Cognitive

Cognitive disruption: Where man and machine become one

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Cognitive disruption man machineIn 2017, digital disruption is history. If you are not thinking about cognitive disruption, your business is way behind the technology curve.

In the recent IBM annual survey of global CEOs, about 73 percent say cognitive computing will play an important role in the near future of their organizations, with the same sentiment echoed by other top executives as well. While almost three-fourths of CEOs agree that their businesses, and their industries, will be disrupted by cognitive computing in the near future, surprisingly only about half of these CEOs are planning to adopt cognitive computing by 2019.

While that may seem stunning, the primary reason is pretty clear: infusing cognition into an existing infrastructure is extremely difficult.

As an example, the cognitive brain known as IBM Watson took decades to build, cost hundreds of millions of dollars and involved thousands of super-bright engineers. Given the substantial investment required to build cognitive apps, the average enterprise may not have the tolerance or the capital to expend resources at that level. Therefore, it’s critical to look for a cloud platform that not only brings a robust, scalable, and secure environment, but also comes with cognitive capabilities already infused at the core of the platform.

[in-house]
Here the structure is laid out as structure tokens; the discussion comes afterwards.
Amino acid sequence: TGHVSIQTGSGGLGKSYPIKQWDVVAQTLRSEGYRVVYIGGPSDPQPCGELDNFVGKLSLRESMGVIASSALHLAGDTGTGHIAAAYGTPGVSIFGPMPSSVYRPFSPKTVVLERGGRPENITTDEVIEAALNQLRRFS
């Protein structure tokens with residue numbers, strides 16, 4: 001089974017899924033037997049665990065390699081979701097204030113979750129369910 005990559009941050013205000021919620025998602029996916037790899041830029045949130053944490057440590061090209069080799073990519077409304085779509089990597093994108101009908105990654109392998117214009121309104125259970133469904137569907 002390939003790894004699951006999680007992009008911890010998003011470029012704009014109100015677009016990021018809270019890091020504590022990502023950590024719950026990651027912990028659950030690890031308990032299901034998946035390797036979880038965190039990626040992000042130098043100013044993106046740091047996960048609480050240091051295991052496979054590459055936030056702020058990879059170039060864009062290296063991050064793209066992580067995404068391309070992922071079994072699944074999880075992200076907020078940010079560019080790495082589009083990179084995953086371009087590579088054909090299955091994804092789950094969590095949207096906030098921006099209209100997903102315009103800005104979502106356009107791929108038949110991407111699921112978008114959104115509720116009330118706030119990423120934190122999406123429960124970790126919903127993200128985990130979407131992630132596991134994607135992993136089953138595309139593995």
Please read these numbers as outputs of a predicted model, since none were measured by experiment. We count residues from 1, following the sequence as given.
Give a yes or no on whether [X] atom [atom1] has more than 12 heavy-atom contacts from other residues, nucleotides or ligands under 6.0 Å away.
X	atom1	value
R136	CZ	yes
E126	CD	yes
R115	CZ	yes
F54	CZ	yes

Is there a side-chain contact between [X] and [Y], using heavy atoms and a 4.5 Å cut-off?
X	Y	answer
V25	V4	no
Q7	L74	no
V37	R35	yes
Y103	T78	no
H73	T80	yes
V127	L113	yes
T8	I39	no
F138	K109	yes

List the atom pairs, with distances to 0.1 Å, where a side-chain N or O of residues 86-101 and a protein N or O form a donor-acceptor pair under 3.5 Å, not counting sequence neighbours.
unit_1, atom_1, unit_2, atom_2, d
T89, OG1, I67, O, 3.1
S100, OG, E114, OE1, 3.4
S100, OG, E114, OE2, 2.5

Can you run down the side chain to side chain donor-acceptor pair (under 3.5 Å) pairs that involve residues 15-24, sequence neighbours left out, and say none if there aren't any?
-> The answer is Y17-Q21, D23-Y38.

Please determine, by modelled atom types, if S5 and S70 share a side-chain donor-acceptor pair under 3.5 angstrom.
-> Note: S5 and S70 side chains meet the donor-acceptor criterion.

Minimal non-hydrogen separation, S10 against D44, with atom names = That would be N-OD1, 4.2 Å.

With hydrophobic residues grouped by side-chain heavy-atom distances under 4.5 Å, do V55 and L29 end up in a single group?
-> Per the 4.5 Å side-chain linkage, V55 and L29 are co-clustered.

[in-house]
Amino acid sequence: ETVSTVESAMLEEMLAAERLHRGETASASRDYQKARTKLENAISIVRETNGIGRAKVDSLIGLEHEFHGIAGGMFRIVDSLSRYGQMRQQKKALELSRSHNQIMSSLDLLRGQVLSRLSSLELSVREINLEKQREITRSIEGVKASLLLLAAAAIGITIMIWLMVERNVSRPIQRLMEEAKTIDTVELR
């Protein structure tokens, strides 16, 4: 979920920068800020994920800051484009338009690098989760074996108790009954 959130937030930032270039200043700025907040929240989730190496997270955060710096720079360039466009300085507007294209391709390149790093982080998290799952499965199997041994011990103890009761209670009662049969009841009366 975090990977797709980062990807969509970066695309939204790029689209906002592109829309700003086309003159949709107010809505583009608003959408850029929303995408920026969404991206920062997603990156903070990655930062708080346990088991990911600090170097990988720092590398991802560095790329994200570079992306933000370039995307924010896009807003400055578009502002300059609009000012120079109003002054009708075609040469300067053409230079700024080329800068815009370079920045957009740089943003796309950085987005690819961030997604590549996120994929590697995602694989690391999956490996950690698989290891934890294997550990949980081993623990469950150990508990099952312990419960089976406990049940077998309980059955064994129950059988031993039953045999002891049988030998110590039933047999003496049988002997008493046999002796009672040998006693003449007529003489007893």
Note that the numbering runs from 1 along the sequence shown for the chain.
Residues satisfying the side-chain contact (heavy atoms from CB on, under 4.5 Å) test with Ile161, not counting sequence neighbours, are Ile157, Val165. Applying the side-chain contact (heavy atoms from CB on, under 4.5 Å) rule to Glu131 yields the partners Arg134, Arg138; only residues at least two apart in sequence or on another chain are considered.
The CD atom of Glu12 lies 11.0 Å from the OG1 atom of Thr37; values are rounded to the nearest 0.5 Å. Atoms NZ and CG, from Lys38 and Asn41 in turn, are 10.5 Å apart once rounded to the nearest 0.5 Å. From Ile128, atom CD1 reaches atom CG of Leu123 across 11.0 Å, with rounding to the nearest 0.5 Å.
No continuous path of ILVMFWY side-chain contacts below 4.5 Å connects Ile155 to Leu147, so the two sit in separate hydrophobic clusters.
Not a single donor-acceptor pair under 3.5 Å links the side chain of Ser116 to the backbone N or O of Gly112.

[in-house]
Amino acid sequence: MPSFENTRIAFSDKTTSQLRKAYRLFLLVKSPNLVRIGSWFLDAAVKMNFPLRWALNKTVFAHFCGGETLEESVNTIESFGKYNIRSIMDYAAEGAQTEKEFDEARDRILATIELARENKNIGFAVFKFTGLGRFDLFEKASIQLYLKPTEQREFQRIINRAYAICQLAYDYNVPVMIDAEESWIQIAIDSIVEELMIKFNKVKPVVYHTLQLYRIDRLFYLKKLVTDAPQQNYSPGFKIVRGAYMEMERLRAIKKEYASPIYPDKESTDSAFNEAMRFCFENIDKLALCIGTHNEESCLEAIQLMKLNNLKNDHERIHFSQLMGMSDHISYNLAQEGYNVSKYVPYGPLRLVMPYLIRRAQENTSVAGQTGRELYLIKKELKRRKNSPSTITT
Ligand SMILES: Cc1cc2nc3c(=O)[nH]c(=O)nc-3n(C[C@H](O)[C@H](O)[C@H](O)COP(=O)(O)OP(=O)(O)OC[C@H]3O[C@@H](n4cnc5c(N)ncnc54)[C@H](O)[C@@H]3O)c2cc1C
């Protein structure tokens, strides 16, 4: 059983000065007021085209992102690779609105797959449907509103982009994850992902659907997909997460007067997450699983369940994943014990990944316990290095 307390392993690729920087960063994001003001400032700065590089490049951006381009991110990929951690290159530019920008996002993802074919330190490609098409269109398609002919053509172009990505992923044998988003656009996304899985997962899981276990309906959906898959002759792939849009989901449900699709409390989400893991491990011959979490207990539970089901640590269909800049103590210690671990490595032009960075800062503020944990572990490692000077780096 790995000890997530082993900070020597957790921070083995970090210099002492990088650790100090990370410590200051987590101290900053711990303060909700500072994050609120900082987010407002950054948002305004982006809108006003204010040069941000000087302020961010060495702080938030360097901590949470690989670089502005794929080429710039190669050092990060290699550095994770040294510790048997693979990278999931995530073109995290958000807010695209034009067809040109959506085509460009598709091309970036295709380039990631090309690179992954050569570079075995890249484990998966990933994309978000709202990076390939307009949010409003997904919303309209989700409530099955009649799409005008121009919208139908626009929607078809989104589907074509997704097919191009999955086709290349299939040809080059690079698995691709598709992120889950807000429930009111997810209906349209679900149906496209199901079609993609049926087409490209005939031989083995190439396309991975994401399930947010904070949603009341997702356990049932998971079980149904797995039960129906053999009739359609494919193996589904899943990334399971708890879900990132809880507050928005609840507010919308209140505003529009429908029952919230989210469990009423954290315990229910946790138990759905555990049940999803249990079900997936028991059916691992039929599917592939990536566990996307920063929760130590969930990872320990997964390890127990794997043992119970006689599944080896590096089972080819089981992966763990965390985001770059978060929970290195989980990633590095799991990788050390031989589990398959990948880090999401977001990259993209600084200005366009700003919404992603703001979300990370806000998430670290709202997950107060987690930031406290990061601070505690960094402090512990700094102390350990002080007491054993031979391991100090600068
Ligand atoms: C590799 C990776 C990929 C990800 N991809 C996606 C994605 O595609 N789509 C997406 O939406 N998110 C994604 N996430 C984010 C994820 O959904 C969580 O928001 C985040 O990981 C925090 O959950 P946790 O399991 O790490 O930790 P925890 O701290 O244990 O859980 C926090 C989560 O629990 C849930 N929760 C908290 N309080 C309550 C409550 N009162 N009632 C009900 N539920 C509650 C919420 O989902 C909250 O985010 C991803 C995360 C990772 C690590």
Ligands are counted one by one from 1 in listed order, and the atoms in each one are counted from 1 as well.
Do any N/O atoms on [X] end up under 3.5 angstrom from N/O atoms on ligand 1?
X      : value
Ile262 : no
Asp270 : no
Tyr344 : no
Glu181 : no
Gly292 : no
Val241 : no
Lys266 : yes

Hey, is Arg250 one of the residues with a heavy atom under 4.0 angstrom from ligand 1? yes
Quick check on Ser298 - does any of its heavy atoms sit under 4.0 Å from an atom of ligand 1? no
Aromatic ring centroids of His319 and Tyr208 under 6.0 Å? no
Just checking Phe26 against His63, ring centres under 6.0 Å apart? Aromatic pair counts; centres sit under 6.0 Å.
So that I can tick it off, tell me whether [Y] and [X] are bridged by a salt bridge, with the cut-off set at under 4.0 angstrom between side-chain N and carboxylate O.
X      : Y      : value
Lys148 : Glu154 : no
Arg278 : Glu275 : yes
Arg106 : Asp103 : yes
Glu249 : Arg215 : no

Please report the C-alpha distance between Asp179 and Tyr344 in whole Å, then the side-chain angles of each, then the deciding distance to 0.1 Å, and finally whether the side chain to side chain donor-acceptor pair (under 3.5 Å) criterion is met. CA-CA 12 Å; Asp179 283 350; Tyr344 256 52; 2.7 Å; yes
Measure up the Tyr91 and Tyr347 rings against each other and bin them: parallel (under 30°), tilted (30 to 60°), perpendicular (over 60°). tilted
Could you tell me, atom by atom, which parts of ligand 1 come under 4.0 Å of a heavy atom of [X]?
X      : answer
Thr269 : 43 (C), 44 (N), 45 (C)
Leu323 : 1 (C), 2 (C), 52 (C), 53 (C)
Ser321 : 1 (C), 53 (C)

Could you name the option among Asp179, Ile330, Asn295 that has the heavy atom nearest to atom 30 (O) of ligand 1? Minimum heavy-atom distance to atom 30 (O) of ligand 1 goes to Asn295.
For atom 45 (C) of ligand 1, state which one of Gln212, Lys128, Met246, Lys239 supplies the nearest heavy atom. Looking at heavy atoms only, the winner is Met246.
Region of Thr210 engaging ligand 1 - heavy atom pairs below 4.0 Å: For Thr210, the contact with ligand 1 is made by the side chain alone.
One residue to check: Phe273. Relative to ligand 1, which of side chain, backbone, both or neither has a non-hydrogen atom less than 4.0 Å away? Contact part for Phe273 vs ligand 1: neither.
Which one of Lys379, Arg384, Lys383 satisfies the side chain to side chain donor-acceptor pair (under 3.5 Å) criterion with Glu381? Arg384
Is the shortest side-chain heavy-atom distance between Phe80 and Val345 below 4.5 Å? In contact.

Let’s take a step back and ask, “What is cognitive computing?” It is an effort to mimic the human brain’s learning process, thought process, reasoning, analysis, and decision making. At times people get confused this with machine learning (ML), business intelligence (BI), deep learning (DL) and other existing analytical solutions.

A major difference between existing systems and cognitive systems is that cognitive systems can understand what’s called “dark data.” Dark data, also known as unstructured data, cannot be analyzed by existing systems to get insights that can help with the decision making.

Dark data is growing exponentially, as it is estimated to be about 80 percent of world’s current data collection. It’s estimated to grow to about 90 percent by 2020. This noisy, mostly machine-unreadable data comes from unstructured data groups such as images, telematics, sensor information, video, audio and so on.

The other difference is that cognitive systems can help users move away from the “programmable era” and into the “cognitive era.” Historically, computers needed to be programmed explicitly on what to recognize and how to react to different scenarios. However, these traditional, non-cognitive systems hit a brick wall when they encounter a scenario that they are not programmed for.

In contrast, cognitive systems have critical thinking capability, much like a human brain. When presented with a new scenario, they can learn, understand, analyze the situation and act without the need for additional programming to make authoritative decisions.

Ultimately, cognitive computing is not about mankind against the machines, as Terminator movie series would suggest. It is about machines collaborating with mankind, augment the human brain, man and the machine turning into one, with specific goal in mind. It is about the machines helping mankind. Now is the time to work together to build smarter cognitive solutions and apps for your enterprise using IBM Watson Cloud Platform.

In my next post, I’ll discuss how Watson can help organizations achieve their goals.

Learn more about IBM Watson Developer Cloud.

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